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The Disappearance of Rebecca Rice Cole

As I began building a family tree last year, I expected that some brick walls would be inevitable. I figured that every single family line would reach a point beyond which no more names could be found. What I did not anticipate was discovering that some of my ancestors had disappeared. I have not yet uncovered the end of my maternal third great grandmother, Rebecca Rice Cole, who walked away from her life in Wakeman, Ohio, in the late 19th century. She left after bearing a dozen children to a husband who had a wooden leg due to a train accident.

A few months into my family research, one of my great aunts lent me boxes of family photos and genealogical information related to my great grandpa Cook, who was one of Rebecca’s many grandchildren. There was a startling family group sheet for Rebecca and her husband Cyrus Cole:

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I really wish I’d scanned this sheet instead of merely taking a picture of it.

As I soon as I read the note about Rebecca’s escape, I looked back at the dozens of family trees online that include her. Not a single one offered the date of her death, and I have yet to find a death record or cemetery plot that belongs to her.

In the meantime, I’ve let this mystery brew in the background of my family research. I still don’t feel optimistic that I will solve this one. Today I returned to it because I had a proverbial light bulb moment about the youngest child listed, Claude Lewellyn Cole. I realized that the only source material I have for his existence is that family group sheet above. It is based in part on the genealogical research of my second great aunt Gladys Cook, who undoubtedly asked my second great grandmother Mary for a list of her siblings. The information is too specific to be a mistaken sibling duplication from a census record, wherein family members look new because they are listed under a nickname.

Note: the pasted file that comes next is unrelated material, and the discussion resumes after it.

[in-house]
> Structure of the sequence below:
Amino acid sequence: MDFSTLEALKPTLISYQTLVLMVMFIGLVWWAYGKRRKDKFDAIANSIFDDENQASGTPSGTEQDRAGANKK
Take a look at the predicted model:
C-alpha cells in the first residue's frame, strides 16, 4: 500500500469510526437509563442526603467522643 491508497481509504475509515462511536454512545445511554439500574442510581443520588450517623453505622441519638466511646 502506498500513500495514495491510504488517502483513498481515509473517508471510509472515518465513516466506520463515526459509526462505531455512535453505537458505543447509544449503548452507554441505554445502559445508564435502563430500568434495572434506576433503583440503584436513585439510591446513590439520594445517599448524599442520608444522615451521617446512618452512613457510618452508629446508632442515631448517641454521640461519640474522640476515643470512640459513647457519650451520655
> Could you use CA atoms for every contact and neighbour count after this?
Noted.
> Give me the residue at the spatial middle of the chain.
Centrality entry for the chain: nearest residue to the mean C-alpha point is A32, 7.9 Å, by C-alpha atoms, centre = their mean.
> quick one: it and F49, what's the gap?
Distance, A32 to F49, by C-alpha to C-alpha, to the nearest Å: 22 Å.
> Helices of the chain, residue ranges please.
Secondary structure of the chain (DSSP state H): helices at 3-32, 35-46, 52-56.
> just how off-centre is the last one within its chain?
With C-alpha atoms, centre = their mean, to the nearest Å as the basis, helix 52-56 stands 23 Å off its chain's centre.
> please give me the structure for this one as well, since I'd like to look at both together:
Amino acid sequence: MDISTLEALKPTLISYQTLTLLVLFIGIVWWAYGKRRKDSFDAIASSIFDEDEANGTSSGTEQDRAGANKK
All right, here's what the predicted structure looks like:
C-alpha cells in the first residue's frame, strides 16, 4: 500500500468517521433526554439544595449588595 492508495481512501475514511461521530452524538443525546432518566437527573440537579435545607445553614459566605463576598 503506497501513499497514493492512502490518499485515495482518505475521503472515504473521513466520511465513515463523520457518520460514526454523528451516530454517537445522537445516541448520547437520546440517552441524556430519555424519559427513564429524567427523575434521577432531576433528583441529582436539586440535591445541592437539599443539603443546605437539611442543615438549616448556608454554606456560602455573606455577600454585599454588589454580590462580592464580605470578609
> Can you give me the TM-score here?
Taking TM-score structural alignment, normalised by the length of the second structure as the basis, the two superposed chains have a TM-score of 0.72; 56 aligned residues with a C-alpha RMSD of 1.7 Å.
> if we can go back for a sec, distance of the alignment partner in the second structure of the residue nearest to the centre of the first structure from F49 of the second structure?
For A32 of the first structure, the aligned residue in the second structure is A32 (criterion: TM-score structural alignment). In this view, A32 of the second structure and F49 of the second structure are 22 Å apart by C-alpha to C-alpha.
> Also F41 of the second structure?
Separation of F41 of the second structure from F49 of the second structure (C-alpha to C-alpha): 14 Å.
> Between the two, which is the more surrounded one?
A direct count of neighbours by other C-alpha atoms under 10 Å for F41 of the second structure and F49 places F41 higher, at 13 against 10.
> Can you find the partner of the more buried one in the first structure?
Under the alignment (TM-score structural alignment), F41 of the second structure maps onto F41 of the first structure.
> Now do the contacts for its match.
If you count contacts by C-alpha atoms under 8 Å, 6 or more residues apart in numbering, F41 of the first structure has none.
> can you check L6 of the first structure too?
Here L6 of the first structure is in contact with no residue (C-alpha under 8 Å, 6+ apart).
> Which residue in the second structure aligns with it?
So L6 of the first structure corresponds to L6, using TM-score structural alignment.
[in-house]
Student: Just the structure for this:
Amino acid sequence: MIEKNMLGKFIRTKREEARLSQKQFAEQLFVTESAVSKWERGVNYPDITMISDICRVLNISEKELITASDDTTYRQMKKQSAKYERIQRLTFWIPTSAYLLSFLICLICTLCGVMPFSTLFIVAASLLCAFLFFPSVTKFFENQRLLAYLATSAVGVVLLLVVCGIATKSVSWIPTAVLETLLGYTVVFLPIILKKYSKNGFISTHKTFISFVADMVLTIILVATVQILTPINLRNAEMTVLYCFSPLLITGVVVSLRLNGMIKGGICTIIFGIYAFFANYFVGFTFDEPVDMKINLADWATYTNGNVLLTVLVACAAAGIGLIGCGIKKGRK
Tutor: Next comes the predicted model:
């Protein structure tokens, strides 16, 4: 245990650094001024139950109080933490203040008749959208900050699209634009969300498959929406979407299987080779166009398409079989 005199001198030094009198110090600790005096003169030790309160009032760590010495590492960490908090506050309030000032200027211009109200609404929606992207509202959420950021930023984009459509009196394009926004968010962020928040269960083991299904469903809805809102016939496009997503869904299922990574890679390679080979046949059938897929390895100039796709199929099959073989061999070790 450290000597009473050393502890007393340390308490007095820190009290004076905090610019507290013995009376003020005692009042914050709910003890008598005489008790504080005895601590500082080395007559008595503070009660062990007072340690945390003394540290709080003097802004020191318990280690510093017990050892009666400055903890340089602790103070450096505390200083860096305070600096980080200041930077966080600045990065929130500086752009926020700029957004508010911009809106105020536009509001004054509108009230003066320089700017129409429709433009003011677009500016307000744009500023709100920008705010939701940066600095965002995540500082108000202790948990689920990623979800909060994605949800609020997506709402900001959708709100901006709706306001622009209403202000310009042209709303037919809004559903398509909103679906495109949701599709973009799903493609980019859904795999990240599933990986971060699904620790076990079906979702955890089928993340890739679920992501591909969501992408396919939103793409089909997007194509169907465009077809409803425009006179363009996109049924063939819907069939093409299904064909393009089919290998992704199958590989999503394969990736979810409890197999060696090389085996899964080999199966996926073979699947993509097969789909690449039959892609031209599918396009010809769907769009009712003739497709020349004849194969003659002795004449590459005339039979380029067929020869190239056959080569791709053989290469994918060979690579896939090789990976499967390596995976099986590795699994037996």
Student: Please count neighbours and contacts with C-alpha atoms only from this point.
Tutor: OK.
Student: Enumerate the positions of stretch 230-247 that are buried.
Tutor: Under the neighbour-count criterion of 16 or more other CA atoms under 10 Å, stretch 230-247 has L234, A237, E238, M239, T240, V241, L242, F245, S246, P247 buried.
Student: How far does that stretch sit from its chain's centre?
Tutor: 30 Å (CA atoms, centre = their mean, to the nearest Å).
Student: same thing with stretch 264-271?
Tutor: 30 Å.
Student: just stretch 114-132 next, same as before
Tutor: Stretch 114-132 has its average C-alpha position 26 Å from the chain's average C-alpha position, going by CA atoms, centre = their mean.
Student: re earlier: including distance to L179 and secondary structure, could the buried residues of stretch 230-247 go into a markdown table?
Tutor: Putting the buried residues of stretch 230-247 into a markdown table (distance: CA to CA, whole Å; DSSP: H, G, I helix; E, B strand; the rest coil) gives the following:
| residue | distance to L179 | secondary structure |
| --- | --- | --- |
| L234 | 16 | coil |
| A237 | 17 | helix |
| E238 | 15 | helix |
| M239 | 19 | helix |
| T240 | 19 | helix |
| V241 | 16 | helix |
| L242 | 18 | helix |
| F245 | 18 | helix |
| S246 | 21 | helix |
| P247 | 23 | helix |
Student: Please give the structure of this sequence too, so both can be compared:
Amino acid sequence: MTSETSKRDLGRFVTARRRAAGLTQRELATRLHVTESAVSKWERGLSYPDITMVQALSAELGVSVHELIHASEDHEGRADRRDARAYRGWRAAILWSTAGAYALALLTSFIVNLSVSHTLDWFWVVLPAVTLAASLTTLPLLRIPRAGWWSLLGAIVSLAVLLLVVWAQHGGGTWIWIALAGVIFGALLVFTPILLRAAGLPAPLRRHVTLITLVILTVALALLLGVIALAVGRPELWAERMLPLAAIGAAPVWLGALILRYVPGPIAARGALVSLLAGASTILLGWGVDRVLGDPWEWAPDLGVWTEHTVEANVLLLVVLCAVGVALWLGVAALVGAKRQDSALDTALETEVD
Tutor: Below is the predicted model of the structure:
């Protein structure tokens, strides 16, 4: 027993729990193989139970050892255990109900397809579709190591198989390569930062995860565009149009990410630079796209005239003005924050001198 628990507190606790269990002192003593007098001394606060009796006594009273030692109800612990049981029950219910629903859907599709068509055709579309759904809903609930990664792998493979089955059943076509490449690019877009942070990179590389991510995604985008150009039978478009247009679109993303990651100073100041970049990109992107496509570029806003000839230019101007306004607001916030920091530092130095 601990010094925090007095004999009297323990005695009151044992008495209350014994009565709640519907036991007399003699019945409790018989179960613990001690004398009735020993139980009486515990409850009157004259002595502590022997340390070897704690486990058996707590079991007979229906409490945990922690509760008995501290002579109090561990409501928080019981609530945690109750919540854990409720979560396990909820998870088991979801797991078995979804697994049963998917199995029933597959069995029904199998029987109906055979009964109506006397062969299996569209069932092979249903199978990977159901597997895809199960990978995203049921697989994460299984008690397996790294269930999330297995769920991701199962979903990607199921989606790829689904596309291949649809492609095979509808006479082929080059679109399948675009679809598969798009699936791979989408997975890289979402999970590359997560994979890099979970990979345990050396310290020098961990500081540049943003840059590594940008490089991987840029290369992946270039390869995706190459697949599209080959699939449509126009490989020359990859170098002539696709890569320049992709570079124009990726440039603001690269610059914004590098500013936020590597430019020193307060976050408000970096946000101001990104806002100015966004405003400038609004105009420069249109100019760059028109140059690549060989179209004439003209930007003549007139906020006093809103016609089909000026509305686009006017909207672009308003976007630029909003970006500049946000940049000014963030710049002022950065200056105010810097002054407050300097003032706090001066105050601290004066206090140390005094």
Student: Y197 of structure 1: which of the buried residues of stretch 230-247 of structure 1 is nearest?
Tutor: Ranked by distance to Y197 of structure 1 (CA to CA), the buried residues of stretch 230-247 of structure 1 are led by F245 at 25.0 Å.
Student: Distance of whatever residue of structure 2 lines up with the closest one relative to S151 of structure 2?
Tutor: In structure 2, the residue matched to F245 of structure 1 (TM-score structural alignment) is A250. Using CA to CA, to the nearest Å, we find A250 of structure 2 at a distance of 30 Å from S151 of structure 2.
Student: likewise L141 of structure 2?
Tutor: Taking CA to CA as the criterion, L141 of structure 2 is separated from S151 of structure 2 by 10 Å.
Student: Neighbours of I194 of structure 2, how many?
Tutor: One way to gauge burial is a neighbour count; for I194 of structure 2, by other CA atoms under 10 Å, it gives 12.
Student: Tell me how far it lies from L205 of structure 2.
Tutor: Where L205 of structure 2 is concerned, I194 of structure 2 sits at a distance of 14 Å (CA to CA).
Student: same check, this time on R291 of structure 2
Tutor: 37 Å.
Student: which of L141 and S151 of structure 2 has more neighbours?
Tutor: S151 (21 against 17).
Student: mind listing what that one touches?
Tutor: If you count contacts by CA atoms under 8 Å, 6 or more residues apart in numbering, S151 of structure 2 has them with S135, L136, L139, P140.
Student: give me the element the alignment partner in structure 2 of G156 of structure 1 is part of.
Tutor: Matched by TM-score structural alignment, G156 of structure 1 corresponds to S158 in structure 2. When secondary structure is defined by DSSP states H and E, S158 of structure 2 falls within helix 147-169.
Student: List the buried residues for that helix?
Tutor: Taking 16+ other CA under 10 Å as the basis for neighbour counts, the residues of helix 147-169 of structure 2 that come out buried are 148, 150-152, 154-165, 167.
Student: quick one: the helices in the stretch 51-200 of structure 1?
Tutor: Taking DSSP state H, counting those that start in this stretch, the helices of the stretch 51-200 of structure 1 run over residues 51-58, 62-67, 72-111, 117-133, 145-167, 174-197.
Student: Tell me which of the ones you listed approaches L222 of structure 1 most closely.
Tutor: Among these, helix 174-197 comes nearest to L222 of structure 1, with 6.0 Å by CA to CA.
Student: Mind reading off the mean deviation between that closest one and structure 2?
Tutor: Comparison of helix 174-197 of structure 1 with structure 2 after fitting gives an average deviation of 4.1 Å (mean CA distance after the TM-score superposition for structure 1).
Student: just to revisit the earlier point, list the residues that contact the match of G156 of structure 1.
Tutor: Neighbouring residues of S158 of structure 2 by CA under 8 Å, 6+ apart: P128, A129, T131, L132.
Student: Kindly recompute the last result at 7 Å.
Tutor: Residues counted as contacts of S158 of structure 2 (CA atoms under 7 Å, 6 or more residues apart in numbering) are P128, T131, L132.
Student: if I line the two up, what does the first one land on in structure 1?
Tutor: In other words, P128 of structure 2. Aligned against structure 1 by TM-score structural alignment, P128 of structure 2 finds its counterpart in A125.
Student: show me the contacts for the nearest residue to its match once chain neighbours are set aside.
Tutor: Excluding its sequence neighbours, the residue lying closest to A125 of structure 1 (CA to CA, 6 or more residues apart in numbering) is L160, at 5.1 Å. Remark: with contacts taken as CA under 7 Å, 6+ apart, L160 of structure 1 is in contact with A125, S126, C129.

I think it is possible that Rebecca took baby Claude with her when she went on that walk into town from which she did not return. I have seen pictures of all of the Cole siblings except for him, and I have not found any further references to him. Their fate as a pair could be easier to divine than hers alone.

Whether she was alone or had a child in tow, she’d have faced great adversity in starting over again. I can only hope that her transformation was not forced upon her in short order, for reasons that are unknowable in the here and now. There is the ghastly possibility that she was never truly a missing person to someone.

Whatever the reason for her escape, I know that eleven of her children and her husband definitely survived her departure. My second great grandmother and at least one of her siblings were raised as orphans from the time their mother left until they reached adulthood. Inside the family box was an empty bag with a note attached, “Jacket that belonged to the woman who finished raising Mary and Nellie.”